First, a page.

There were a couple of people I really sought after to interview but others had gotten to them first. Then a man who works in the community and throughout Baltimore city caught my eye and I knew he would be perfect to interview. I knew he had different views from me and if I had not volunteered that day I would have been skeptical about it. Now my whole attitude changed and I was excited to hear what he had to say. Due to his occupation he is not allowed to give his views on such matters. I was disappointed that I could not interview him but he said he “would just love to answer my questions”. I only had my recording camera with me so in order to satisfy us both, I pointed the camera away from him and we conducted the interview. He wished to remain Anonymous and so he will. I was very grateful and lucky to interview someone who really wanted their voice to be heard.

Kelly (Sharp Leadenhall)

I conducted my interview in the community of Sharp Leadenhall. The ladies in the video were bystanders at the community’s concession stand for Raven’s home games. Although they did not directly participate in the stand, they were there to support their community. When I asked the one of seniors if I could ask her a few questions she seemed timid, so I recommended that another friend of hers be in the video as well. Overall the ladies were shy in their responses. They seemed to like Obama, but didn’t have any specific reasons why. When I asked about the question about Obama and his efforts in urban housing, the ladies didn’t have much of a response. It was as if they had never heard of any plans to help low-income urban areas.


I have only visited the city of Baltimore, Maryland for certain reasons. None of those reasons were to conduct anthropological fieldwork. Equipped with only a video camera and my ‘OBaltimore’ project packet I set off on my first fieldwork experience. I hoped that Sunday, October 11, 2009 would be the best day to conduct my research since I would be in Baltimore that day anyway to volunteer for Sharp-Ledenhall. The day was finally upon me, the sun was shinning, it was a perfect fall day, and the Ravens were playing at home against their division rival, the Cincinnati Bengals. I figured everyone would be in good spirits and more eager to give an interview.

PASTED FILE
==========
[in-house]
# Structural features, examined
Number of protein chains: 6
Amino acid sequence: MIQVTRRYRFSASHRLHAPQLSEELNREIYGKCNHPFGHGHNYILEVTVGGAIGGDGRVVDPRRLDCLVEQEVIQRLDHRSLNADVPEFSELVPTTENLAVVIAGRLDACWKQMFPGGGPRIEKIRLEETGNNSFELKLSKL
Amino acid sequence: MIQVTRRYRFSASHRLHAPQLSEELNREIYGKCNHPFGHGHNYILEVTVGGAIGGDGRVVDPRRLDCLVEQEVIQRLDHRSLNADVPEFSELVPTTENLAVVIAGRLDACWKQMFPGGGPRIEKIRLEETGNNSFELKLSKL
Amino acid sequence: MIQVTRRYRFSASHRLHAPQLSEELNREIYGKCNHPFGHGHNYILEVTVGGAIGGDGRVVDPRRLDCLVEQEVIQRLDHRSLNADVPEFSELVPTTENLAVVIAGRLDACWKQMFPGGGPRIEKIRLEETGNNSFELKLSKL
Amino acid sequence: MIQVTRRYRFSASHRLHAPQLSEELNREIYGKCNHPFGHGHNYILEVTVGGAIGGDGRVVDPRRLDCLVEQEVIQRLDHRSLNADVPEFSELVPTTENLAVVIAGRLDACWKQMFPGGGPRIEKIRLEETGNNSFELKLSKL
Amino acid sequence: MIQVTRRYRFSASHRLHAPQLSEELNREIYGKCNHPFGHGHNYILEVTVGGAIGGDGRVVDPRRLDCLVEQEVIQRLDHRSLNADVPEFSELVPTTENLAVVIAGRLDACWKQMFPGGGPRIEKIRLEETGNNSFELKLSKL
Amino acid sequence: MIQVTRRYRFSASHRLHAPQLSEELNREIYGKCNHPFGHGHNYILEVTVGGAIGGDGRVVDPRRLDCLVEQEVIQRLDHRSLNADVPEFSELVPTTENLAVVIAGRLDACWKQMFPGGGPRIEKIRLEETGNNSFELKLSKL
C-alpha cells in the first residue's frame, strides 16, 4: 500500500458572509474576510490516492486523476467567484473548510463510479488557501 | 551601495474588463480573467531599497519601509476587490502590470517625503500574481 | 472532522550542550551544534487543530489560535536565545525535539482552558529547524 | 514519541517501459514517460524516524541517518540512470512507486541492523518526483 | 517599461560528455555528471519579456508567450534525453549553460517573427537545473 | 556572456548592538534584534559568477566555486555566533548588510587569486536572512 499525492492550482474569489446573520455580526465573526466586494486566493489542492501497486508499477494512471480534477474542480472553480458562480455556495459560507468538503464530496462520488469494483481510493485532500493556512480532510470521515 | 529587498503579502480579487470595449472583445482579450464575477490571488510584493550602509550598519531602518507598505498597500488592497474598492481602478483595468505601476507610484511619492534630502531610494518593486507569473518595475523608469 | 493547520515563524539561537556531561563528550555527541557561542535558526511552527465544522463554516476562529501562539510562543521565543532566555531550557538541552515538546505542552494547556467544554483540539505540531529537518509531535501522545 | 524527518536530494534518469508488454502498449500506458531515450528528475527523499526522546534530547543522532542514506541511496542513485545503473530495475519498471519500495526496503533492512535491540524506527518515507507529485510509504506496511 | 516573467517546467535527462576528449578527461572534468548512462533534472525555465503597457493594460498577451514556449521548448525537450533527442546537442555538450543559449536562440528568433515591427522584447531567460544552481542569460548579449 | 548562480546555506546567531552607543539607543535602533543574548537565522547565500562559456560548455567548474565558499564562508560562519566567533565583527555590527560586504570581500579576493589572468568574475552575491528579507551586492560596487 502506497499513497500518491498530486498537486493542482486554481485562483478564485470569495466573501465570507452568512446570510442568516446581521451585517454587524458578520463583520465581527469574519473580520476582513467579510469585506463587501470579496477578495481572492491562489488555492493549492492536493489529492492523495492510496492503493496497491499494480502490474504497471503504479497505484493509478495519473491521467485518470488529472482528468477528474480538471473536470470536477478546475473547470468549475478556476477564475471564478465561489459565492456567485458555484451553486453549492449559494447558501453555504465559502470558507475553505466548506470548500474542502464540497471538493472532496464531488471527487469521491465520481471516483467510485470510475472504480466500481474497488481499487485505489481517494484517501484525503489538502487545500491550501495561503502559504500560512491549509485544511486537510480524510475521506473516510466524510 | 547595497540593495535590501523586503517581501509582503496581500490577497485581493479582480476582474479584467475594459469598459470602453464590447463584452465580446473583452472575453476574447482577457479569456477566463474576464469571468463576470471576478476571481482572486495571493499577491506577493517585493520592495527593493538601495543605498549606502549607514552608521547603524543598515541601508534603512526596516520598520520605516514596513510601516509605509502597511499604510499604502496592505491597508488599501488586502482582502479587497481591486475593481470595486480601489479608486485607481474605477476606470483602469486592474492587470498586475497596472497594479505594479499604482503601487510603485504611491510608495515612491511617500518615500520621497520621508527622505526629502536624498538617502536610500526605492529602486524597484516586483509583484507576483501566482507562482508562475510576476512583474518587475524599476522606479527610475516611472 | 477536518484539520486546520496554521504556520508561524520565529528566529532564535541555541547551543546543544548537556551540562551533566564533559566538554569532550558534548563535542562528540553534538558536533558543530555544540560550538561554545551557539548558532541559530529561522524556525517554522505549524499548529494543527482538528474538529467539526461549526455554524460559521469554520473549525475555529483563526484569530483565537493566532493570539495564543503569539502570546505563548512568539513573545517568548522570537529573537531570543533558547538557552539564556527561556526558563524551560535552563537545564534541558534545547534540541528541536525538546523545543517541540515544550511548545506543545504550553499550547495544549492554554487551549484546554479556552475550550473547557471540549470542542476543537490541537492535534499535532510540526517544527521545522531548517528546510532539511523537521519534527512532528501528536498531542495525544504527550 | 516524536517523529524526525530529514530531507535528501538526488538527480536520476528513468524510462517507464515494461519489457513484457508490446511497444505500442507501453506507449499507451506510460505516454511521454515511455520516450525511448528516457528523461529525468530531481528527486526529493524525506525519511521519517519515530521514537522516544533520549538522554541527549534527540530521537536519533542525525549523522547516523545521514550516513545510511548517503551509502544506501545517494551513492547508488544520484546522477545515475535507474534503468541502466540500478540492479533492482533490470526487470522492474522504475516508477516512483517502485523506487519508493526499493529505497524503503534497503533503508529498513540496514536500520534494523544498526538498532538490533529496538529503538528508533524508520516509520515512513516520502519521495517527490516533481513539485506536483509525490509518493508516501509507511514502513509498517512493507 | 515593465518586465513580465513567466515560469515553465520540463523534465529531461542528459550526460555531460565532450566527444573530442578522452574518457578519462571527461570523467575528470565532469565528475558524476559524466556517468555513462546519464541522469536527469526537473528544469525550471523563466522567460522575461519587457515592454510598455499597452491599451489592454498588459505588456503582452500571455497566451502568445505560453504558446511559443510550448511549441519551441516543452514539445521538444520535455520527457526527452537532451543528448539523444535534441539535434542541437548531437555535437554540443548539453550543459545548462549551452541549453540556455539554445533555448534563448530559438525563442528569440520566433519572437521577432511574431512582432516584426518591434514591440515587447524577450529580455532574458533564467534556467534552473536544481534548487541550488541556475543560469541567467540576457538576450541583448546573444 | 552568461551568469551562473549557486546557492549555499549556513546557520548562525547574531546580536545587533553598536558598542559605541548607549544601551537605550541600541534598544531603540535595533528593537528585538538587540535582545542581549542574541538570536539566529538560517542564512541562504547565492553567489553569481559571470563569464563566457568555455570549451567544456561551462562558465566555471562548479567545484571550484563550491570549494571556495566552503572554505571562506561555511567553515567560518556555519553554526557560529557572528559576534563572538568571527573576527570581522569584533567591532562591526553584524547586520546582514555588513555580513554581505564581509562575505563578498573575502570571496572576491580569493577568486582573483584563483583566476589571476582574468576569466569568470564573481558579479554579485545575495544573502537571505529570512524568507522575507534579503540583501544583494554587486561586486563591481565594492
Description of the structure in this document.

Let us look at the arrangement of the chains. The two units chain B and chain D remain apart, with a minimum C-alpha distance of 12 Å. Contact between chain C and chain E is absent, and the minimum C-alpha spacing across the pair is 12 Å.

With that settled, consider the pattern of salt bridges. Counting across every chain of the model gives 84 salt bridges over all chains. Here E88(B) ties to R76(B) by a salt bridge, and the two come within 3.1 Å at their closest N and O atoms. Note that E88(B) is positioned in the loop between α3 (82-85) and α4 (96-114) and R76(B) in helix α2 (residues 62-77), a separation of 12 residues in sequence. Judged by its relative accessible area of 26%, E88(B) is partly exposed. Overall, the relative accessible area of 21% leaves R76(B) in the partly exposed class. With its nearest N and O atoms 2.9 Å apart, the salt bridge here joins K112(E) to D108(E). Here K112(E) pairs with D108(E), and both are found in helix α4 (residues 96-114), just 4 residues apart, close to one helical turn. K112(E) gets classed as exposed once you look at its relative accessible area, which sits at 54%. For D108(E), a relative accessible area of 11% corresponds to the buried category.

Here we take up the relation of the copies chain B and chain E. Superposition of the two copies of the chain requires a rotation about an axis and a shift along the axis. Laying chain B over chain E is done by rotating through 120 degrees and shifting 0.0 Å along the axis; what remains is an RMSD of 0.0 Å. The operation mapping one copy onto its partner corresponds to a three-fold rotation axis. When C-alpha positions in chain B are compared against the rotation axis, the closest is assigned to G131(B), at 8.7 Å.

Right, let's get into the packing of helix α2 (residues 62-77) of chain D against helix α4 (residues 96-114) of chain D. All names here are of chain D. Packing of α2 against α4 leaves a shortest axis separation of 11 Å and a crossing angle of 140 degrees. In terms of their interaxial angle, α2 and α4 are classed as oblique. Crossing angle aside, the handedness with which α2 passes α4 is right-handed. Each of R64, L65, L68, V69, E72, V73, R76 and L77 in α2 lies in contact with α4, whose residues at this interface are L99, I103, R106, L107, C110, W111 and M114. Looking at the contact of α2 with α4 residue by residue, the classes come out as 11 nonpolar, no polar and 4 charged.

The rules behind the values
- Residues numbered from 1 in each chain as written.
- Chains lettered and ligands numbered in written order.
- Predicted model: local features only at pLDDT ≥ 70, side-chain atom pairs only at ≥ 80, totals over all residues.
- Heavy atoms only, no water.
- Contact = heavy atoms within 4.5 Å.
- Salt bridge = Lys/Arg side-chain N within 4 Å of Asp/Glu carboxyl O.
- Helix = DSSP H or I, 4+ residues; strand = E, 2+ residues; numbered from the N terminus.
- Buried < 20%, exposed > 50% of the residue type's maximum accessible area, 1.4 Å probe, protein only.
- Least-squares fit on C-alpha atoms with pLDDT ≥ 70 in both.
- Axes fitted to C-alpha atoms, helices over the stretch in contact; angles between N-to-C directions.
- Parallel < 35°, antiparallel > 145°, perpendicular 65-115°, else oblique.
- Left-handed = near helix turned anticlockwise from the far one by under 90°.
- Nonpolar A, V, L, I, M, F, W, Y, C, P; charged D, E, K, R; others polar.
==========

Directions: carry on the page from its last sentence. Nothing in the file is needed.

When I arrived at the volunteer site around 8:30am the other volunteers and I were greeted by residents of the Sharp-Ledenhall neighborhood. Throughout all the days work I tried to have a conversation with each resident to gain insight on who might have more knowledge about the questions I planned on asking, who fit the qualifications I was looking for in an informant, and who would be willing to give an interview. I soon realized that the interview would have to wait until after one o’clock, after the Ravens game started. After the game had started I lost a few potential interviews which was disappointing but ended up meeting a man named Lyn. He was born in Virginia but has been living in Baltimore for over twenty years. While talking to him I knew he would prove to be a valuable informant. The only problem was getting him to stop talking. During our conversation I learned that we shared a common passion for the law. He used to be a lawyer for the state of Maryland and I want to go to law school. By finding a common interest I was able to connect with Lyn on a more personal level. Once I got him talking it was hard to get him to stop without seeming rude. Fortunately I was able to diverge the conversation towards the classes I was taking at Towson University and a project I have to do for my Cultural Anthropology class. He was more than happy to do the interview and answer the questions I had for him. He seemed excited at the thought of having a video with him in it on the internet. I hope that he spoke loud enough because the speakers on the video recorder do not pick up sound well. To counter this I conducted the interview in a more quiet spot and held the recorder closer to the speaker. I really enjoyed completing this assignment. Actually going out and experiencing a type anthropological fieldwork was a lot of fun. The only aspect I wish that was different was the questions. This assignment could have been more challenging if we had to make up the questions.